All the earth is my diocese, and I am the ordinary of all men, having the authority of the King of all kings upon subjects. I am all in all and above all, so that God Himself and I, the vicar of God, have but one consistory, and I am able to do almost all that God can do. In all things that I list, my will is to stand for reason; for I am able by the law to dispense above the law, and of wrong to make justice in correcting laws and changing them..Wherefore if those things that I do be said not to be done of man, but of God, what can you make me but God? Again, if prelates of the Church be called and counted of Constantine for gods, I then, being above all prelates, seem by this reason to be above all gods. Wherefore no marvel if it be in my power to change time and times, to alter and abrogate laws, to dispense with all things, yea, with the precepts of Christ; for where Christ biddeth Peter put up his sword, and admonishes His disciples not to use any outward force in revenging themselves, do not I, Pope Nicholas, writing to the bishops of France, exhort them to draw out their material swords? And whereas Christ was present Himself at the marriage in Cana of Galilee, do not I, Pope Martin, in my distinction, inhibit the spiritual clergy to be present at marriage feasts, and also to marry? Moreover where Christ biddeth us lend without hope of gain, do not I, Pope Martin, give dispensation for the same? What should I speak of murder, making it to be no murder or homicide to slay them that be excommunicated? Likewise against the law of nature, item against the apostles, also against the canons of the apostles, I can and do dispense; for where they in their canon command a priest for fornication to be deposed, I, through the authority of Sylvester, do alter the rigor of that constitution, considering the minds and bodies also of men to be weaker than they were then.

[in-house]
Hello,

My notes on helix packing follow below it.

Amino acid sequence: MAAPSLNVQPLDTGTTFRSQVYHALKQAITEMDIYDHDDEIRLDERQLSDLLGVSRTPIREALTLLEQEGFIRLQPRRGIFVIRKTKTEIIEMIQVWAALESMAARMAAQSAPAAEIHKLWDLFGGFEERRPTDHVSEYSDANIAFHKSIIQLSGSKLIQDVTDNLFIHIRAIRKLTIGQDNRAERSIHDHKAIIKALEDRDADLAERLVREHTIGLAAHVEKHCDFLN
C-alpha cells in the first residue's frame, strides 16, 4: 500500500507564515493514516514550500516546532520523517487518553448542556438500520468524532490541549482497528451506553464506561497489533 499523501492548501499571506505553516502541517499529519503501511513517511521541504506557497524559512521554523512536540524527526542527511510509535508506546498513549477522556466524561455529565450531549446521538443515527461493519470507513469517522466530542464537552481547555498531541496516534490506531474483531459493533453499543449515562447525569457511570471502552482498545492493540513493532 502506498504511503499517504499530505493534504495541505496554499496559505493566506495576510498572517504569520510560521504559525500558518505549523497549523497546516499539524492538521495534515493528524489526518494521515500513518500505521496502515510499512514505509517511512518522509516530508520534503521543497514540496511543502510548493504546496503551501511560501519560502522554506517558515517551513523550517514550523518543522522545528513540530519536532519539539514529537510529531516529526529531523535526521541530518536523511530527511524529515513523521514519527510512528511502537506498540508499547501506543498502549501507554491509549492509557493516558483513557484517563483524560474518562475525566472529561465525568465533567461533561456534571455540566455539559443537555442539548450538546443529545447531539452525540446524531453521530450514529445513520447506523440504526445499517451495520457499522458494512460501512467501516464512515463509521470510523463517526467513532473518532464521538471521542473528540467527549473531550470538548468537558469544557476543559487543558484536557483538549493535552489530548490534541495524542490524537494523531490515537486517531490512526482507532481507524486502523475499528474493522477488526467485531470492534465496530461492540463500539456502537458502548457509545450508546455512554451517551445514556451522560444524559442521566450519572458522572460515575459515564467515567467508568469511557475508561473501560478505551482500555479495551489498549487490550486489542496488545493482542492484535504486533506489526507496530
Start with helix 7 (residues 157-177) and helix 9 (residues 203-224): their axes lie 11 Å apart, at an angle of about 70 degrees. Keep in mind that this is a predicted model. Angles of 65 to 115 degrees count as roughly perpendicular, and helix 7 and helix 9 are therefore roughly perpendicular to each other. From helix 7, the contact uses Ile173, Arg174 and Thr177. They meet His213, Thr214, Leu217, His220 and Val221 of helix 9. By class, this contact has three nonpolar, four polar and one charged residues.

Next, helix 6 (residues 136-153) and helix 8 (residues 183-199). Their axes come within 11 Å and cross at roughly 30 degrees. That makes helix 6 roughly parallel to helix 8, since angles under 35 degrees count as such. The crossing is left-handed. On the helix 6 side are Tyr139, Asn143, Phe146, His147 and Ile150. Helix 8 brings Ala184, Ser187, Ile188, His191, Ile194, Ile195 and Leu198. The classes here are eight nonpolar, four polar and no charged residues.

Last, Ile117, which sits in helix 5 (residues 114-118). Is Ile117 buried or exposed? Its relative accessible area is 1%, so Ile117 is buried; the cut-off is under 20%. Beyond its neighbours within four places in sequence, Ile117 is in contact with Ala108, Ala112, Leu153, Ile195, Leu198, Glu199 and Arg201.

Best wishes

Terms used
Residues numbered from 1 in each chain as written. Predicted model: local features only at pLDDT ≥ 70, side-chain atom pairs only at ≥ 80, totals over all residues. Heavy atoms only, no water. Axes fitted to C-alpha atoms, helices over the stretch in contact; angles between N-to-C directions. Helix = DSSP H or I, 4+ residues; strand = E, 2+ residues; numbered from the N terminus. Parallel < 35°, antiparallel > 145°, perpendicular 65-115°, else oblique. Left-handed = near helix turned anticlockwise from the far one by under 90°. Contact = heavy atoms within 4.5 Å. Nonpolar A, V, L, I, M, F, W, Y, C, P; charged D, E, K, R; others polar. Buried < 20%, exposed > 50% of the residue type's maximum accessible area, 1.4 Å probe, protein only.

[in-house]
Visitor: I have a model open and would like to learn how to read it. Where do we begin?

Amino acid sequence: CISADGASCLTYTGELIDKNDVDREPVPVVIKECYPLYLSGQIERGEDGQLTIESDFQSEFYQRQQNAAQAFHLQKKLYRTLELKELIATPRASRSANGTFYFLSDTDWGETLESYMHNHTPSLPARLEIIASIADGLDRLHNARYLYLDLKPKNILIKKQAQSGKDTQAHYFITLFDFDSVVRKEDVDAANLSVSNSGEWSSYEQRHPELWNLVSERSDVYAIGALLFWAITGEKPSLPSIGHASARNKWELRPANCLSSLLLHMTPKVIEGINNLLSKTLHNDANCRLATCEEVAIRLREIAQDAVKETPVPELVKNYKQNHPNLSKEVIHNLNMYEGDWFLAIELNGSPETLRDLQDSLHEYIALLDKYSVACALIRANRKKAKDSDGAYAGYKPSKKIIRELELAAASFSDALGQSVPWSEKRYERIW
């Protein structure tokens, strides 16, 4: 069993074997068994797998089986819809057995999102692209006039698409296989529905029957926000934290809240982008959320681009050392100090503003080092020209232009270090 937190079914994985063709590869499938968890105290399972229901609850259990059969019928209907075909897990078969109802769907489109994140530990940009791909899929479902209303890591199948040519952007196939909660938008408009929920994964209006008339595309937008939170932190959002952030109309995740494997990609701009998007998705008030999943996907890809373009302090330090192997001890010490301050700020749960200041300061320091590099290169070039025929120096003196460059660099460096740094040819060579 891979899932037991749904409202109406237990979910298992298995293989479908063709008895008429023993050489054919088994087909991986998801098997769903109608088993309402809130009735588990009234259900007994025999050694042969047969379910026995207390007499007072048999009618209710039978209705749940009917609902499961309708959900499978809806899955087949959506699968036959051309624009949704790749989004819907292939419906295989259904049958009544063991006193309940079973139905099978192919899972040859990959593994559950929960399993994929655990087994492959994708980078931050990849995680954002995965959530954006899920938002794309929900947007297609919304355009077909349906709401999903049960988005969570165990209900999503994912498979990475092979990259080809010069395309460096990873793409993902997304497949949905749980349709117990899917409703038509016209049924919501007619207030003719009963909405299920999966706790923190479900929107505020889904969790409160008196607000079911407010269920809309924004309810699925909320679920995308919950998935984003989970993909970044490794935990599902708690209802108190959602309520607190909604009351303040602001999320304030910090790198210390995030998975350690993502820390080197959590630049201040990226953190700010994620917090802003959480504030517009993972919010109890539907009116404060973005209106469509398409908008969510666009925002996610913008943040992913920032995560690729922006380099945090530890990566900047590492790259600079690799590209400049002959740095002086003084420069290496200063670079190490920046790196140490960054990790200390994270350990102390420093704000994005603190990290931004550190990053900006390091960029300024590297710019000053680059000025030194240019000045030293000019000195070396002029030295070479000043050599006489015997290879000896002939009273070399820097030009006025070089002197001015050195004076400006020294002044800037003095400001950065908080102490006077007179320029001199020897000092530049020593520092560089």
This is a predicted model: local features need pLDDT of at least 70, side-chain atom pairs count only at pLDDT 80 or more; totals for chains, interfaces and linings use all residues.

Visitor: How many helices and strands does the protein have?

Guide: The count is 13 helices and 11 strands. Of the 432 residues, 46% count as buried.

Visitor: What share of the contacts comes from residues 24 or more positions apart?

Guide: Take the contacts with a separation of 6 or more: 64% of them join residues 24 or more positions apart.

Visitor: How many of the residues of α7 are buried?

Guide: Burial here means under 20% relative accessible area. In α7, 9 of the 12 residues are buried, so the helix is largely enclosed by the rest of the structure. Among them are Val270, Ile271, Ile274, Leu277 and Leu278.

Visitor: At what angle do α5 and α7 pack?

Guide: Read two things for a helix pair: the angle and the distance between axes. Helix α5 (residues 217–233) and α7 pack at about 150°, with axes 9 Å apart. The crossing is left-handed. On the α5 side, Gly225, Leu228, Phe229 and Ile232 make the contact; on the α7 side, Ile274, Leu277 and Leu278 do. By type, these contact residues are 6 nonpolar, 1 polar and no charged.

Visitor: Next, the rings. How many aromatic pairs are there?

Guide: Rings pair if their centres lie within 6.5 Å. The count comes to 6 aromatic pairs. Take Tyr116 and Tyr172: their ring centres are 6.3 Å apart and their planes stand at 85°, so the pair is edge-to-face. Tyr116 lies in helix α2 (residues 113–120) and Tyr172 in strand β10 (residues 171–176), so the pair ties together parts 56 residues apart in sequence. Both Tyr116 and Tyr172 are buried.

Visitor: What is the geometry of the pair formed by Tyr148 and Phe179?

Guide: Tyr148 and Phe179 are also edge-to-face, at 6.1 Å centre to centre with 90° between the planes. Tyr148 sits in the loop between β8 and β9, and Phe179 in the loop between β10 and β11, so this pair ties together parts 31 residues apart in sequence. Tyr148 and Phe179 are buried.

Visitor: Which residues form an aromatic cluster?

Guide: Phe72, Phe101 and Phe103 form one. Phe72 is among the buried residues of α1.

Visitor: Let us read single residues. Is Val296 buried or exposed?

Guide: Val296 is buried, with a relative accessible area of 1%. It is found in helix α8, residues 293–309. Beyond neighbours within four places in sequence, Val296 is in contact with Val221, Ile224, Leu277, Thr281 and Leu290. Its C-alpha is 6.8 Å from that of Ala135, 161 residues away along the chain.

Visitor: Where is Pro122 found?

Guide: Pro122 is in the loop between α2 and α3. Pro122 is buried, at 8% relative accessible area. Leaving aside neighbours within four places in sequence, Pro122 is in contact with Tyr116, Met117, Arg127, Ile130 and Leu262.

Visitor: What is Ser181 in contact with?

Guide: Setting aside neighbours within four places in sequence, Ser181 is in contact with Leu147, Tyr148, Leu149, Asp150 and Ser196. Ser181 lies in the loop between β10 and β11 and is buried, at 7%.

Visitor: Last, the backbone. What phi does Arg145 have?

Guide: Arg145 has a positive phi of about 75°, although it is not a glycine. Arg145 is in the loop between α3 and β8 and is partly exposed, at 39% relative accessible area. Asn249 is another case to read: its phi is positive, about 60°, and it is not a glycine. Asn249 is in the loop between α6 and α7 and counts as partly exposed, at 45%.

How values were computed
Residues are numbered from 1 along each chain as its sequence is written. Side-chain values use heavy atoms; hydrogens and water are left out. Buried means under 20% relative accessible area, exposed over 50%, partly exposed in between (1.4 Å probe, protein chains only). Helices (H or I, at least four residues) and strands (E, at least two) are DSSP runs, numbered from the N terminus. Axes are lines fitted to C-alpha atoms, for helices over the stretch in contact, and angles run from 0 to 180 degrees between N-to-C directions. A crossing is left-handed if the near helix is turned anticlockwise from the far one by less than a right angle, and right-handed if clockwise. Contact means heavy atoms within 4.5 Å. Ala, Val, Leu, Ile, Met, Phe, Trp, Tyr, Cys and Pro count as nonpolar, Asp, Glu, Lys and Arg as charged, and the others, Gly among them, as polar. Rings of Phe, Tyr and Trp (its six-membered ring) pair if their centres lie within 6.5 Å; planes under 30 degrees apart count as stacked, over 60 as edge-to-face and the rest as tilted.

After that I have now sufficiently declared my power in earth, in heaven, in purgatory, how great it is, and what is the fullness thereof in binding, loosing, commanding, permitting, electing, confirming, disposing, dispensing, doing, and undoing, etc., I will speak now a little of my riches and of my great possessions, that every man may see by my wealth, and abundance of all things, rents, tithes, tributes, my silks, my purple miters, crowns, gold, silver, pearls and gems, lands and lordships. For to me pertaineth first the imperial city of Rome, the palace of Lateran; the kingdom of Sicily is proper to me; Apulia and Capua be mine. Also the kingdom of England and Ireland, be they not, or ought they not to be, tributaries to me? To these I adjoin also, besides other provinces and countries, both in the occident and orient, from the north to the south, these dominions by name. [Here follows a long list.] What should I speak here of my daily revenues, of my firstfruits, annats, palls, indulgences, bulls, confessionals, indults and rescripts, testaments, dispensations, privileges, elections, prebends, religious houses, and such like, which come to no small mass of money?..Whereby what vantage cometh to my coffers it may partly be conjectured..But what should I speak of Germany, which the whole world is my diocese, as my canonists do say, and all men are bound to believe; except they will imagine (as the Manichees do) two beginnings, which is false and heretical? For Moses saith, In the beginning God made heaven and earth; and not, In the beginnings. Wherefore, as I began, so I conclude, commanding, declaring, and pronouncing, to stand upon necessity of salvation, for every human creature to be subject to me (Foxe: "Acts and Monuments," vol. 4., p. 145).